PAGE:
Copyright 2017 NPR. To see more, visit http://www.npr.org/.

RENEE MONTAGNE, HOST:

The Iowa caucuses — the first contest of the 2012 presidential nominating season — take place in three weeks. That means there's precious little time for candidates to make their case and close the deal with Hawkeye State Republicans.

But candidates were tough to find in Iowa on Tuesday. Only former Pennsylvania Sen. Rick Santorum — a big underdog in the race — was there. In fact, many Iowans note that this year candidates have spent fewer hours in the state than before recent presidential caucuses.

With three weeks to go until the Iowa caucuses kick off the Republican nominating contest, the candidates are not registering much of a presence in Iowa.

Copyright 2017 NPR. To see more, visit http://www.npr.org/.

STEVE INSKEEP, HOST:

And as the president does that, the race for the Republican presidential nomination continues. Newt Gingrich and Mitt Romney are the leaders in the race for that nomination. They faced each other in a debate in Des Moines, Iowa Saturday night.

Six GOP presidential hopefuls met in a two-hour-long debate in Des Moines, Iowa, Saturday night, and this time the gloves came off.

This was the first such event since former U.S. Speaker of the House Newt Gingrich moved into the front-runner spot. It had been anticipated that Gingrich and former Massachusetts Gov. Mitt Romney — the top two in most polls — would square off as each hopes to win the Iowa caucuses, now just over three weeks away. They did, and the jabs got personal at times.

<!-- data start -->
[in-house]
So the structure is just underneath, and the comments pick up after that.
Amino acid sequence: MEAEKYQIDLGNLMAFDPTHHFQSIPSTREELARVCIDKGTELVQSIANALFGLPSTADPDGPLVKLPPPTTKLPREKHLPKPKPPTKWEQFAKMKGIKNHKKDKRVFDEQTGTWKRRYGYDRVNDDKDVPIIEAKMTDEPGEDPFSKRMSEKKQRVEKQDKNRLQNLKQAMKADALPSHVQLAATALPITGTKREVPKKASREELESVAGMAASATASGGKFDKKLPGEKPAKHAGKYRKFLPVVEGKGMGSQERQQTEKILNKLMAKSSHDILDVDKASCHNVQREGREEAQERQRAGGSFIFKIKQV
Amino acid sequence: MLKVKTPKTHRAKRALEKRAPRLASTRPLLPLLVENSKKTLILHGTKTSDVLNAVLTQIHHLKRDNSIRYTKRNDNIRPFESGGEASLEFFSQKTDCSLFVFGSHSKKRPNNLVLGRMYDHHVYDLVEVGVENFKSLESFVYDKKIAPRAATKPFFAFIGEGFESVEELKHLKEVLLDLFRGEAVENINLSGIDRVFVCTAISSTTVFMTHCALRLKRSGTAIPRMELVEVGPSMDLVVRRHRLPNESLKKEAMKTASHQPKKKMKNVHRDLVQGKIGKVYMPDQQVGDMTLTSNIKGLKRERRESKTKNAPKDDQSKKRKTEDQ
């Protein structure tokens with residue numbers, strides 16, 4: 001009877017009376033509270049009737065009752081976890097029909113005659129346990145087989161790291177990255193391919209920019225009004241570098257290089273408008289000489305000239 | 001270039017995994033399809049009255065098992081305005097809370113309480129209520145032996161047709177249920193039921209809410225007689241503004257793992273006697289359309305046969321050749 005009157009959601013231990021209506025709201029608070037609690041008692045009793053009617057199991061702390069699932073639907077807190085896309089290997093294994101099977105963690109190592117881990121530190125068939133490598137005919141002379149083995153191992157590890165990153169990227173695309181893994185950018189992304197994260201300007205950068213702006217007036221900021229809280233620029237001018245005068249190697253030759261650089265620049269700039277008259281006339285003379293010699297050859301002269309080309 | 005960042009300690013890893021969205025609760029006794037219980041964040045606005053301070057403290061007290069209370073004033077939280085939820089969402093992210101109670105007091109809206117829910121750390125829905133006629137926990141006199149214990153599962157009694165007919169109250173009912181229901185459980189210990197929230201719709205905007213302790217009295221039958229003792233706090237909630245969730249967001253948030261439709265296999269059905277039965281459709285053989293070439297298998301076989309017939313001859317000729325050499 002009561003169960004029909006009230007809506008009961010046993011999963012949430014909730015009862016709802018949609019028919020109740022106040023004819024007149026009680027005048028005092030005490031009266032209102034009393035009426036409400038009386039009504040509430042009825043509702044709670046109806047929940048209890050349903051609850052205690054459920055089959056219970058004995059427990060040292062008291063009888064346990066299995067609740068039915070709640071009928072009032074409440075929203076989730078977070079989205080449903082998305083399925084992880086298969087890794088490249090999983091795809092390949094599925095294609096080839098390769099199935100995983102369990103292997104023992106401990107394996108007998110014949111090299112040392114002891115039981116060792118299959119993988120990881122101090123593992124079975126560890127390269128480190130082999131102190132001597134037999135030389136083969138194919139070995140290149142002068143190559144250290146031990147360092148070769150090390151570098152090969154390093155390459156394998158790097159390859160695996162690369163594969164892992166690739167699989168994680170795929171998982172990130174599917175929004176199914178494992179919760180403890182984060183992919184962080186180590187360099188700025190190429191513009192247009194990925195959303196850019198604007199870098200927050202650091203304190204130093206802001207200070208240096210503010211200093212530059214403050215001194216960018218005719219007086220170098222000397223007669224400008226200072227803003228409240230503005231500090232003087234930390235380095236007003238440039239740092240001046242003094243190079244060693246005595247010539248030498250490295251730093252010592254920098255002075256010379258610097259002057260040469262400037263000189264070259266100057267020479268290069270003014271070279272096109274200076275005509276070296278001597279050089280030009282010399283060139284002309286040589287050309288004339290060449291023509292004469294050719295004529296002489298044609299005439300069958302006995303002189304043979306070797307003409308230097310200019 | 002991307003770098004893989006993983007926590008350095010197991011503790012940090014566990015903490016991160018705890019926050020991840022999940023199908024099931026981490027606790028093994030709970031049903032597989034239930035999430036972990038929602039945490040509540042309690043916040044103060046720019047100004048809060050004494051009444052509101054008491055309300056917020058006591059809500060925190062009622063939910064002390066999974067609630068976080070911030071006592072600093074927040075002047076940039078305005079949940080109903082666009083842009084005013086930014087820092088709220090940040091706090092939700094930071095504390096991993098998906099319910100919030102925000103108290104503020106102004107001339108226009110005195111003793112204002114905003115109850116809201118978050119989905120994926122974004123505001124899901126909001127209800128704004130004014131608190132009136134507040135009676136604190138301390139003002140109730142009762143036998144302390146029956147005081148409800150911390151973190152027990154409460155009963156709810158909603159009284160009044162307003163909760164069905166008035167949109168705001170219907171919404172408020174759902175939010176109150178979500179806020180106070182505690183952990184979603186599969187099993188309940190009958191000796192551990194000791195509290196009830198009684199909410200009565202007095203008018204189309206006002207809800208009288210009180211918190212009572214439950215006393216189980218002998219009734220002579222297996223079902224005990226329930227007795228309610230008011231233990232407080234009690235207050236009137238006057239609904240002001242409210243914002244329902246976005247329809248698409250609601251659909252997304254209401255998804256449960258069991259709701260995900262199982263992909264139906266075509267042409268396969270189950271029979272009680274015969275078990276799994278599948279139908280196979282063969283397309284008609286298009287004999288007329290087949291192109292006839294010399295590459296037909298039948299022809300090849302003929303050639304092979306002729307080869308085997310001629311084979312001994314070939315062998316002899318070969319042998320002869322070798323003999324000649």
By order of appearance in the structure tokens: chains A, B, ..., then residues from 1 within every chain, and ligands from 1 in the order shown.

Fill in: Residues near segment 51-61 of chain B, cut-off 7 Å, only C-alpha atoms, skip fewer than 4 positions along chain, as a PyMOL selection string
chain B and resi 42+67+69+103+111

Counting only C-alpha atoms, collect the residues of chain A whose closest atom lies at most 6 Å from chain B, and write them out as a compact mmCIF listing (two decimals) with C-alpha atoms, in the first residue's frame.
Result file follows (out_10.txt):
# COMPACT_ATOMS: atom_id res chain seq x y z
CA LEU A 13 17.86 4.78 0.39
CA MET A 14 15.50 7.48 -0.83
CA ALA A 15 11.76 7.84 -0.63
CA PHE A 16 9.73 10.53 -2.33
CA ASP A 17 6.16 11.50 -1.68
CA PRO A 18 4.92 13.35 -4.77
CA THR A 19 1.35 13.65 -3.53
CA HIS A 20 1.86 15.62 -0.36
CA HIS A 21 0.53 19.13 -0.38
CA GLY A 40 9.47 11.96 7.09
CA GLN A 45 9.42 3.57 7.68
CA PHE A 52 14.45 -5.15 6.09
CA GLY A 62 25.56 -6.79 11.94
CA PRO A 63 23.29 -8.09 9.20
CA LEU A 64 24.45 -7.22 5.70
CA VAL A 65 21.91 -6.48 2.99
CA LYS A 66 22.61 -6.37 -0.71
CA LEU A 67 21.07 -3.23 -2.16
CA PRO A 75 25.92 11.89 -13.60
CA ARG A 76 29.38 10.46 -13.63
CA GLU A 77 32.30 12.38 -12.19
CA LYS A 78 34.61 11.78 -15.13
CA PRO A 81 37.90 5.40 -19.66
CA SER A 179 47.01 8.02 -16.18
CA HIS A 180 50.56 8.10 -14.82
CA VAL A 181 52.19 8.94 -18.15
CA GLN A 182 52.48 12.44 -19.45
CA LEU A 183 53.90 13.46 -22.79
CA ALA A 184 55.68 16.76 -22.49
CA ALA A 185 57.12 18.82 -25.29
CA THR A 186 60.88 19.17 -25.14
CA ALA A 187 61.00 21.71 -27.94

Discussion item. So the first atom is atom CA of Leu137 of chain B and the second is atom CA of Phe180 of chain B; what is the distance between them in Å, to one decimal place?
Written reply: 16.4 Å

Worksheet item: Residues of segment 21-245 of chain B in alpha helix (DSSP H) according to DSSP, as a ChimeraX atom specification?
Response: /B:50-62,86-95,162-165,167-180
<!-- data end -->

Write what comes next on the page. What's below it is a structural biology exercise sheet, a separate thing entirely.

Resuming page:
'Let's Be Candid'

Back in June, the news out of the Newt Gingrich presidential campaign was dire.

Top staffers quit over differences about strategy, with some citing doubts about the candidate's seriousness — especially when he and his wife went on a cruise to the Greek Islands while his rivals stumped through New Hampshire and Iowa.

But now it's December, and Gingrich suddenly sits atop the polls. As a result, his organization is growing — as is the campaign brain trust. But Gingrich's most important adviser remains himself.

A Front-Runner's Staffing Needs

Occupy Wall Street protesters have been removed by police from public spaces in Los Angeles and Philadelphia this week. Some cities still have active 24-hour protests in place, though earlier this month the original Occupy encampment — on Wall Street — was also shut down.

Now activists in New York and elsewhere are talking about the movement's next phase, including the degree to which Occupy activists should get involved in the 2012 election.

Six Republican presidential hopefuls gathered in Des Moines, Iowa, Saturday, and each made a pitch for the state's very important Christian conservative vote.

The event was not a debate, but a roundtable discussion. The candidates sat side-by-side at what was described as a Thanksgiving table, complete with pumpkins and autumn leaves. Not present at the table was former Massachusetts Gov. Mitt Romney, who chose not to attend.

Pages